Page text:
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EU Privacy Regulators Request Changes in EU-US Data Transfer Agreement

April 14
6:48 AM 2016

WP29 on Wednesday called for changes in the commercial data transfer pact between the US and EU established 15 years ago. The agency insisted the pact needs to be replaced since it does not provide enough privacy protection.

US and EU agreed upon Safe Harbor deal to ensure businesses treat the data movement between countries with the same privacy protections as inside the region. Established 15 years ago, the pact was under fire after mass surveillance in the Snowden documents was revealed. Last October, Europe's high court ruled the pact invalid, resulting a $260 billion digital services trade across the Atlantic under legal uncertainty.

In order to replace the pact, EU and US policy maker discussed the new agreement to replace Safe Harbour pact. In February, Washington and Brussels agreed on Privacy Shield as a new framework to ensure continuous free flow of transatlantic data transfer between US and EU.

However, PC Magazine reported that the European Union privacy regulator: Article 29 Data Protection Working Party (WP29) said the Privacy Shield agreement was inadequate to protect privacy for European Internet users. WP29 chairwoman Isabelle Falque-Pierrotin in a Wednesday press conference said the proposed pact is too complex and difficult to understand.

"We believe that some key data protection principles, as outlined in European law, are not really flected … or have been inadequately substituted by alternative[s]," she said.

New York Times reported that two months ago European Union's top policy makers agreed to a hard-won data-sharing pact with United States officials. However, now many privacy regulators in European countries said the agreement did not provide sufficient safeguard of personal information for European Internet users.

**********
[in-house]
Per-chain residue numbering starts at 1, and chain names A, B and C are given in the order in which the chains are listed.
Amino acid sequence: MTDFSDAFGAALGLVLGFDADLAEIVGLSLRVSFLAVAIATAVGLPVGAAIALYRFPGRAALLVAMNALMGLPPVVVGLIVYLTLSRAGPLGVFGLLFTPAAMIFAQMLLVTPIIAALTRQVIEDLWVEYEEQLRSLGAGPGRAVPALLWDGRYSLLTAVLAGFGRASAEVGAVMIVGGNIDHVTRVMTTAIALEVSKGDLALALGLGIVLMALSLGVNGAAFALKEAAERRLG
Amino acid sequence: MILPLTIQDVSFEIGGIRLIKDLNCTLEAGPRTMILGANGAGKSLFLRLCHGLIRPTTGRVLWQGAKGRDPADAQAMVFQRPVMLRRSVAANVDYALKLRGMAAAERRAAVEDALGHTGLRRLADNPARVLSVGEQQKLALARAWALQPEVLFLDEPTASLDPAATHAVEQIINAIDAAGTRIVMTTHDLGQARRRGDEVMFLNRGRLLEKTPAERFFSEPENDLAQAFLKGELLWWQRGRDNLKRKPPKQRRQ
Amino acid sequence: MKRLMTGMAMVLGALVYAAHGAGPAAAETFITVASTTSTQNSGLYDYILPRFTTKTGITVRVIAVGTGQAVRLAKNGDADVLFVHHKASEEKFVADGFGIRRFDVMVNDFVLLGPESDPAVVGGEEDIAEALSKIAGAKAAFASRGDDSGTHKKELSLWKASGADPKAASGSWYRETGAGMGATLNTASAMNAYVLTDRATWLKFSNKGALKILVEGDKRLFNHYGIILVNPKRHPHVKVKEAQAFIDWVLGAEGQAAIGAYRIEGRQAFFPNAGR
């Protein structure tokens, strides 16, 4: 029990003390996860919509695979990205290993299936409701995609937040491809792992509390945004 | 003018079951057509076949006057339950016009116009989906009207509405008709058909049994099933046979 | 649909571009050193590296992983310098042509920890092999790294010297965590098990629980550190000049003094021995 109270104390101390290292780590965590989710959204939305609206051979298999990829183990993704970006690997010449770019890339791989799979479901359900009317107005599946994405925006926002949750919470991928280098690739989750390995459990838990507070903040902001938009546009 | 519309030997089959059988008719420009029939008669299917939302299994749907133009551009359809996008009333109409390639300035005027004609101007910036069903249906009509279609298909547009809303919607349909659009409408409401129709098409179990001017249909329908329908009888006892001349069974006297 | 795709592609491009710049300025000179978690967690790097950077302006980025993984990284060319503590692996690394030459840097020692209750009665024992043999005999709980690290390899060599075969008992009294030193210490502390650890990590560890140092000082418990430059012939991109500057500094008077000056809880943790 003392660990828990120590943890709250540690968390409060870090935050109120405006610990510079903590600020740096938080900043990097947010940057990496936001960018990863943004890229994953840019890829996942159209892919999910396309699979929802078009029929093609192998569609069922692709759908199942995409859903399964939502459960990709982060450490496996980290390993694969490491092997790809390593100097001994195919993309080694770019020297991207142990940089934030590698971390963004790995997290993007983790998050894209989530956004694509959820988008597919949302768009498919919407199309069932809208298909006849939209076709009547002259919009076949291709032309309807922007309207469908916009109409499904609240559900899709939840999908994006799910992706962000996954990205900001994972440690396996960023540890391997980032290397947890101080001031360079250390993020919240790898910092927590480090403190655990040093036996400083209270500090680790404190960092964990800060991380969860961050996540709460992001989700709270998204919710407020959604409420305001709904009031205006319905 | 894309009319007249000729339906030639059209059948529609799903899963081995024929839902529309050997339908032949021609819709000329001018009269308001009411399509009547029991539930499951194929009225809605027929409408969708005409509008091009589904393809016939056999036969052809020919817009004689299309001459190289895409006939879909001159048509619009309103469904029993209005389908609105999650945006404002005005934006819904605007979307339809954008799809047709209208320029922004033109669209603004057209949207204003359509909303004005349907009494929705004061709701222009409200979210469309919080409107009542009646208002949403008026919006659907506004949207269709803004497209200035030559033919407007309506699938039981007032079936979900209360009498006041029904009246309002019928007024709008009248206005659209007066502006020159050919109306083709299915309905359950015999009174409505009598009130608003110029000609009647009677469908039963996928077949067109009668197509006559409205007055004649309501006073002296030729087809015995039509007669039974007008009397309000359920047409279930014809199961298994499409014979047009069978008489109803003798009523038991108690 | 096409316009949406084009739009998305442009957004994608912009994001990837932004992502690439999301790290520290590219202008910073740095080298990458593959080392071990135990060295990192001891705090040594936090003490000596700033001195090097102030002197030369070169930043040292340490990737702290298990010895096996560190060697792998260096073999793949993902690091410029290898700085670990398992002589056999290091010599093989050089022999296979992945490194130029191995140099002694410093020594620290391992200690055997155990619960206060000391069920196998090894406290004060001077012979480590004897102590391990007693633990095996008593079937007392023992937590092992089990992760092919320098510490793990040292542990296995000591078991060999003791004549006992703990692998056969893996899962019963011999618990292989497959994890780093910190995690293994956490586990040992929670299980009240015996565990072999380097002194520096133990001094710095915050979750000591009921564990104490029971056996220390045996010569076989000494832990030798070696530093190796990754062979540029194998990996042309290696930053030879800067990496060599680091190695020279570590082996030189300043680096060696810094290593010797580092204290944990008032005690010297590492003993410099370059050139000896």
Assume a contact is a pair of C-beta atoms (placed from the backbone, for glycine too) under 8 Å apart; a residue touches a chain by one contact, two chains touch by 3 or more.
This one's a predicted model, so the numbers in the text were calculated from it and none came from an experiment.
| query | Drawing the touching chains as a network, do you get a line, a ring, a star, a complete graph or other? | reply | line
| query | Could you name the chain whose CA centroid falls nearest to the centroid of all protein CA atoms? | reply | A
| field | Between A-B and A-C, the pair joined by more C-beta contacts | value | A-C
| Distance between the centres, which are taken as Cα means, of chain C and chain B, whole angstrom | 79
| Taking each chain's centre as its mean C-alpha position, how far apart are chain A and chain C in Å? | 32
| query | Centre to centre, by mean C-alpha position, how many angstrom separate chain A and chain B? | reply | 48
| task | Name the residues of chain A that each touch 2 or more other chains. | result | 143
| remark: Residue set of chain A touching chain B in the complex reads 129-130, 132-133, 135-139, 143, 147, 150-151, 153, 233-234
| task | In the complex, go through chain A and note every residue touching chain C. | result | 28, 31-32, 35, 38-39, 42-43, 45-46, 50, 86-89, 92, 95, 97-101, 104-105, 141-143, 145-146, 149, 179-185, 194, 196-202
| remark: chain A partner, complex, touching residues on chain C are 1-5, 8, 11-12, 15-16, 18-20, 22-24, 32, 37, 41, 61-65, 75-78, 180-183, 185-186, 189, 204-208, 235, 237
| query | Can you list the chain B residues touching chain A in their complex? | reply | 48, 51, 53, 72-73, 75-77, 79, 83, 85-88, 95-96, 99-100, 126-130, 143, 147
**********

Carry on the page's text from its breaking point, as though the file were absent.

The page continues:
EU-US Privacy Shield was a political agreement reached on February 2 between European Union and United States policy maker. The agrement allows companies to continue sending personal data back and forth across the Atlantic, and it is expected to be ratified soon. However national privacy watchdogs from Europe has raised concern that big American Internet companies such as Google, Facebook and Amazon could misuse the data.

A data protection lawyer at DLA Piper in Brussels criticized the agreement, "From the outside, it must look like Europe can't speak with one voice on privacy. This is becoming kind of a circus."

Meanwhile Microsoft announced on Monday to become the first major US tech company to use the new Privacy Shield agreement, and resolve any disputes with European privacy watchdogs. Reuters reported the Redmond-based company said that it would sign up to the Privacy Shield.

WP29 on Wednesday was calling for changes in the commercial data transfer agreement between the US and EU. The agency said it does not provide enough protection for privacyor European users.

WP29 on Wednesday was calling for changes in the commercial data transfer agreement between the US and EU. The agency said it does not provide enough protection for privacy for European users.

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